Last fall, the LGBT Needs Assessment for Emergency Shelters in London was completed with the support of funding with the Government of Canada’s Homelessness Partnering Strategy through the City of London. The purpose of this consultation project was to examine and develop a “best practices” service model for London’s emergency shelters to better serve lesbian, gay, bisexual, and transgender (LGBT) people who are experiencing, or at risk of experiencing homelessness. The goals of the project are to increase capacity and competency of emergency shelter management and front-line staff in understanding and responding to issues affecting LGBT individuals; develop recommendations for the development of standardized practices, policies and procedures within emergency shelters in dealing with LGBT individuals; provide recommendations for the development of training materials for homeless serving organizations; and improve supports and services available to LGBT individuals accessing emergency shelters.
by Emily Stewart
The Unity Project has 32 recommendations for emergency shelters to accommodate members of the lesbian, gay, bisexual, and transgender (LGBT) community. The suggestions are part of a needs assessment done in collaboration with the City of London’s Homeless Partnering Strategy and consultant Geoff Bardwell.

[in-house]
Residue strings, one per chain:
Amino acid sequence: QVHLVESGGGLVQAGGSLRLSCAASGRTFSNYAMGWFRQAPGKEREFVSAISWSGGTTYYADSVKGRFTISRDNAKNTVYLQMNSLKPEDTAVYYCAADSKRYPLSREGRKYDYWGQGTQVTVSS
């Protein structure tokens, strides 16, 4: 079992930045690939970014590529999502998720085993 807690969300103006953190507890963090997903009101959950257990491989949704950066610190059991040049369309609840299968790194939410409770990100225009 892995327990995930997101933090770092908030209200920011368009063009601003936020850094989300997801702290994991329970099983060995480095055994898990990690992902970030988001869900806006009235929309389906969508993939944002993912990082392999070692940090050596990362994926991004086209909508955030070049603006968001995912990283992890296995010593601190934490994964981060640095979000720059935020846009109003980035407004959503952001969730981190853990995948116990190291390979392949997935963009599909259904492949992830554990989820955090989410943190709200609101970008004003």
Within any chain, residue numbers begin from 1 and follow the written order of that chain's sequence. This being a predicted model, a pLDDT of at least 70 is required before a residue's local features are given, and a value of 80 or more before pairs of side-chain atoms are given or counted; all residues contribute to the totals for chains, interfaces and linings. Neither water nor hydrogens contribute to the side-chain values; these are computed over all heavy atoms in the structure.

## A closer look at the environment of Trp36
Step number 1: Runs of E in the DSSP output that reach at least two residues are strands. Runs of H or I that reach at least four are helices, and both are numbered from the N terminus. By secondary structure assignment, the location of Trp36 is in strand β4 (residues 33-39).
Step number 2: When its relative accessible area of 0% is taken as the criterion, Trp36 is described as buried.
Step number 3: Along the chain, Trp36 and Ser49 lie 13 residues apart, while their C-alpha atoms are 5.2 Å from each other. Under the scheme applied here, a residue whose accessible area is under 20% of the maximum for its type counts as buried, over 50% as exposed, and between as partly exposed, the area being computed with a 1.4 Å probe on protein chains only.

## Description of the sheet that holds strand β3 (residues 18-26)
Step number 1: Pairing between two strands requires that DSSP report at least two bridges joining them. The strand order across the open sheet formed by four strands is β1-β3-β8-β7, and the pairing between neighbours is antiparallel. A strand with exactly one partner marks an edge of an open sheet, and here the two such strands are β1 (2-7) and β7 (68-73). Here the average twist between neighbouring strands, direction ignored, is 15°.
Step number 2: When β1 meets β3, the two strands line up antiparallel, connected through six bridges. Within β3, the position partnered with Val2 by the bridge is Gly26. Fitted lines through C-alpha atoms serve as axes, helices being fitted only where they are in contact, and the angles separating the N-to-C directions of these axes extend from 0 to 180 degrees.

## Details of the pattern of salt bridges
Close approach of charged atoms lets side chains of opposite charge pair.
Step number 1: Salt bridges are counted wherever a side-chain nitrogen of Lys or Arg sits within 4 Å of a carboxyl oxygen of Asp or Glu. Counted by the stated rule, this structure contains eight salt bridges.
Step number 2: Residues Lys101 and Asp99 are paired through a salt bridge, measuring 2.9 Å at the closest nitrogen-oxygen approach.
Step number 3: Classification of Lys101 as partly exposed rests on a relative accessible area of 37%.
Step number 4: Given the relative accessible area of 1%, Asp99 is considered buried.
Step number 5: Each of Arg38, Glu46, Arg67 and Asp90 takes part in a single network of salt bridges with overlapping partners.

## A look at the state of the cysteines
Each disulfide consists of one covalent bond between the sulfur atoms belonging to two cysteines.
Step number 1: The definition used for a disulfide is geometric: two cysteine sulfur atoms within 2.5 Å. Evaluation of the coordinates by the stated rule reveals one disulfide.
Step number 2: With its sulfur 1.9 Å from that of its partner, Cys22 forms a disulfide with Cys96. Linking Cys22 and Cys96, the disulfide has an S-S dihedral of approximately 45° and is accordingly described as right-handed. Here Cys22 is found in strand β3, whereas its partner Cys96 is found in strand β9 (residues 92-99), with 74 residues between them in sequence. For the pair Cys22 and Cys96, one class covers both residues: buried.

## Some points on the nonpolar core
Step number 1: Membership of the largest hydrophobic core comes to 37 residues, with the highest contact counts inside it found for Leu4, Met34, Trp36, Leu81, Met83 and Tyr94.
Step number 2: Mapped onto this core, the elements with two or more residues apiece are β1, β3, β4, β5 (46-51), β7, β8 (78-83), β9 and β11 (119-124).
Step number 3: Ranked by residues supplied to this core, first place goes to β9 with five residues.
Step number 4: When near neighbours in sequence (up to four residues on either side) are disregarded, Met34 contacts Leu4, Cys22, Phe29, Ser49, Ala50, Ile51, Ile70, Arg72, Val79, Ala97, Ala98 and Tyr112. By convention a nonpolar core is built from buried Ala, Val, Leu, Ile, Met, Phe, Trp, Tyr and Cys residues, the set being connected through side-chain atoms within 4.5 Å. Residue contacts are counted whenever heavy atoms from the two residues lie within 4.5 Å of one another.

Chuck Lazenby, executive director of the Unity Project, says one way to make LGBT visitors more comfortable is by watching out for gendered language.
“The fact way that we say ‘Hey guys!’ all the time is very gendered language,” she explains, “We had a trans woman who was staying here and she’s like ‘I’m not a guy, and I don’t like that there’s gendered language used here all the time’ and I think that’s really fair.”
She adds shelters should also designate themselves as safe spaces. “If we’re going to post signs to do that, we need to have the competency to be able to respond to that to ensure we are able to put it into practice,” she says.
“We need training for shelter staff so that we’re understanding the language, we’re understanding the definitions.”
She says that although LGBT and homelessness is associated with youth, the 17 people interviewed for the report were all different ages. She adds that many of them say they face association, along with addiction, depression and other mental health issues.
The report will be launched at the London Public Library on February 3rd. It will take place in the Stevenson Hunt Room at 3 p.m.
Source: 106.9 The X